Not long ago, I spent a glorious sunny day wandering around Cass Field Station while my husband met with some students there. It was nice to take a solo walk and go at my own pace, stopping at whatever plants, bugs or rocks caught my fancy.
Once nice find was this beautiful lichen, Rhizocarpon geographicum.
Lichens are strange organisms comprised of an alga living within a fungus. The alga provides food through photosynthesis and the fungus provides protection and nutrients for the alga.
R. geographicum is an alpine/subalpine lichen and, like many lichens, is sensitive to air pollution, thriving only where the air is clean. It is not, however, a fragile organism.
In 2005, R. geographicum was one of two lichens launched into space. The lichens were exposed to 14.6 days of open space—vacuum, wide temperature fluctuations, intense UV light and cosmic radiation. Upon return, R. geographicum showed little harm from the experience.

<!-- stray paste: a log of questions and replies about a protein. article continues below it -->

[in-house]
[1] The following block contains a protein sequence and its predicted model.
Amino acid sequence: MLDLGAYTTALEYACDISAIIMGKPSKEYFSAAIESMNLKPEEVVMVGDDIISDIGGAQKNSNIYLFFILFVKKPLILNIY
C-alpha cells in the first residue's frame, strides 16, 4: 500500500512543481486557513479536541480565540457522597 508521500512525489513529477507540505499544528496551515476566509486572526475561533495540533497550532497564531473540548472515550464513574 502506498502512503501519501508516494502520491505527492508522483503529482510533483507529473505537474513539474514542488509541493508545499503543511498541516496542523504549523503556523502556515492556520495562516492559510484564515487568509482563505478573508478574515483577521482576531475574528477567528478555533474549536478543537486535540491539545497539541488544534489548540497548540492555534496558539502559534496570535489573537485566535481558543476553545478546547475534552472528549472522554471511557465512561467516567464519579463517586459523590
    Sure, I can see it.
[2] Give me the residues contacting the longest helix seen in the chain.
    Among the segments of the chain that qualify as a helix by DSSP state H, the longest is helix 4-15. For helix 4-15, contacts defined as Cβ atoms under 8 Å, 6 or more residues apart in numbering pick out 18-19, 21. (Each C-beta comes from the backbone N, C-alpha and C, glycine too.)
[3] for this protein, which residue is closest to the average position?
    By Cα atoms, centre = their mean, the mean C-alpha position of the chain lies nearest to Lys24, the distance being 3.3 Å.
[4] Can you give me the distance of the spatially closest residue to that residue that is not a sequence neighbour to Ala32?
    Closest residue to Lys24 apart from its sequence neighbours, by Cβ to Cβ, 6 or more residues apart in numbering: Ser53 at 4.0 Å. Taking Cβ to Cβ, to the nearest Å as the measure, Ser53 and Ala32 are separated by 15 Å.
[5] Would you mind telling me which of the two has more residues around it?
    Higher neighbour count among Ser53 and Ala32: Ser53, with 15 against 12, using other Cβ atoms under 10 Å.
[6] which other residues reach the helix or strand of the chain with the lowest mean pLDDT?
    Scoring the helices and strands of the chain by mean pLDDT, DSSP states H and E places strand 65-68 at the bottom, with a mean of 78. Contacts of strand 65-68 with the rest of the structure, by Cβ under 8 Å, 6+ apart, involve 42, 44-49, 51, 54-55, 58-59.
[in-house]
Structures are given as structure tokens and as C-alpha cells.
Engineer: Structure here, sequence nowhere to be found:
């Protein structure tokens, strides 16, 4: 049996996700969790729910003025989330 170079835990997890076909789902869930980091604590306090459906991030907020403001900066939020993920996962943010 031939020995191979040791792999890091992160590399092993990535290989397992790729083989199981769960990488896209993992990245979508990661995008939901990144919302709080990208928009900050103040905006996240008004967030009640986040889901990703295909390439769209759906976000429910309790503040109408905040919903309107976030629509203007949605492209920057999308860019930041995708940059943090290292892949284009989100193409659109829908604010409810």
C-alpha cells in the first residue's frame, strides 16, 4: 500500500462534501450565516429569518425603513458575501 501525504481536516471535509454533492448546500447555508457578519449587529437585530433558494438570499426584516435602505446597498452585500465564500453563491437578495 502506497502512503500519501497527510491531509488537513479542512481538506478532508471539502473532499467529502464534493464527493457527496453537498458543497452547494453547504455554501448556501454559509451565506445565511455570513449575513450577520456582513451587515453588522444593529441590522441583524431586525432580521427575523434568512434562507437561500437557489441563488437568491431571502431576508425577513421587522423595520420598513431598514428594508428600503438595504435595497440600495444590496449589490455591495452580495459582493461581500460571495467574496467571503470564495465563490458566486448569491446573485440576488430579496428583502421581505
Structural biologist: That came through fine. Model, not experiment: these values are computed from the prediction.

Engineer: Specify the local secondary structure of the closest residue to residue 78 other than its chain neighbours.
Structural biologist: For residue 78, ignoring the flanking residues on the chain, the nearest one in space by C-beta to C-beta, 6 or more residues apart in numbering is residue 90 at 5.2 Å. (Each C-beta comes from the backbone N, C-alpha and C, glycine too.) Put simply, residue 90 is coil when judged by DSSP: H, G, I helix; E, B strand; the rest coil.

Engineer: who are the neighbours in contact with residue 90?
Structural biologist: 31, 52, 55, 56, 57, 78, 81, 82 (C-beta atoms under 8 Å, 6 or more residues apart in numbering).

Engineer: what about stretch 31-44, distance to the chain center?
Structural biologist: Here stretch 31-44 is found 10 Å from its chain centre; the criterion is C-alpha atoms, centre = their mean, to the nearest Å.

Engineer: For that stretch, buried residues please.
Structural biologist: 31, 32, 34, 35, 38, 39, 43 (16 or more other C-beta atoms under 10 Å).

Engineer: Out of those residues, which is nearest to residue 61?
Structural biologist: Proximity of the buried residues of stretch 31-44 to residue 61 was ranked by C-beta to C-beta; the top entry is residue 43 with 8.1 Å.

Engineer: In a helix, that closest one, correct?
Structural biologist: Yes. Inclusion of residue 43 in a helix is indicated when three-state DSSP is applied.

Not only is R. geographicum tough, some individuals in the Arctic are estimated to be 8,600 years old, making them the oldest living organisms on Earth. Their longevity and predictable growth rate make them useful tools for determining when glaciers retreated from an area.
But I didn’t know all this about R. geographicum when I found it on the rocks at Cass. I simply admired its beautiful mottled colours and soft texture.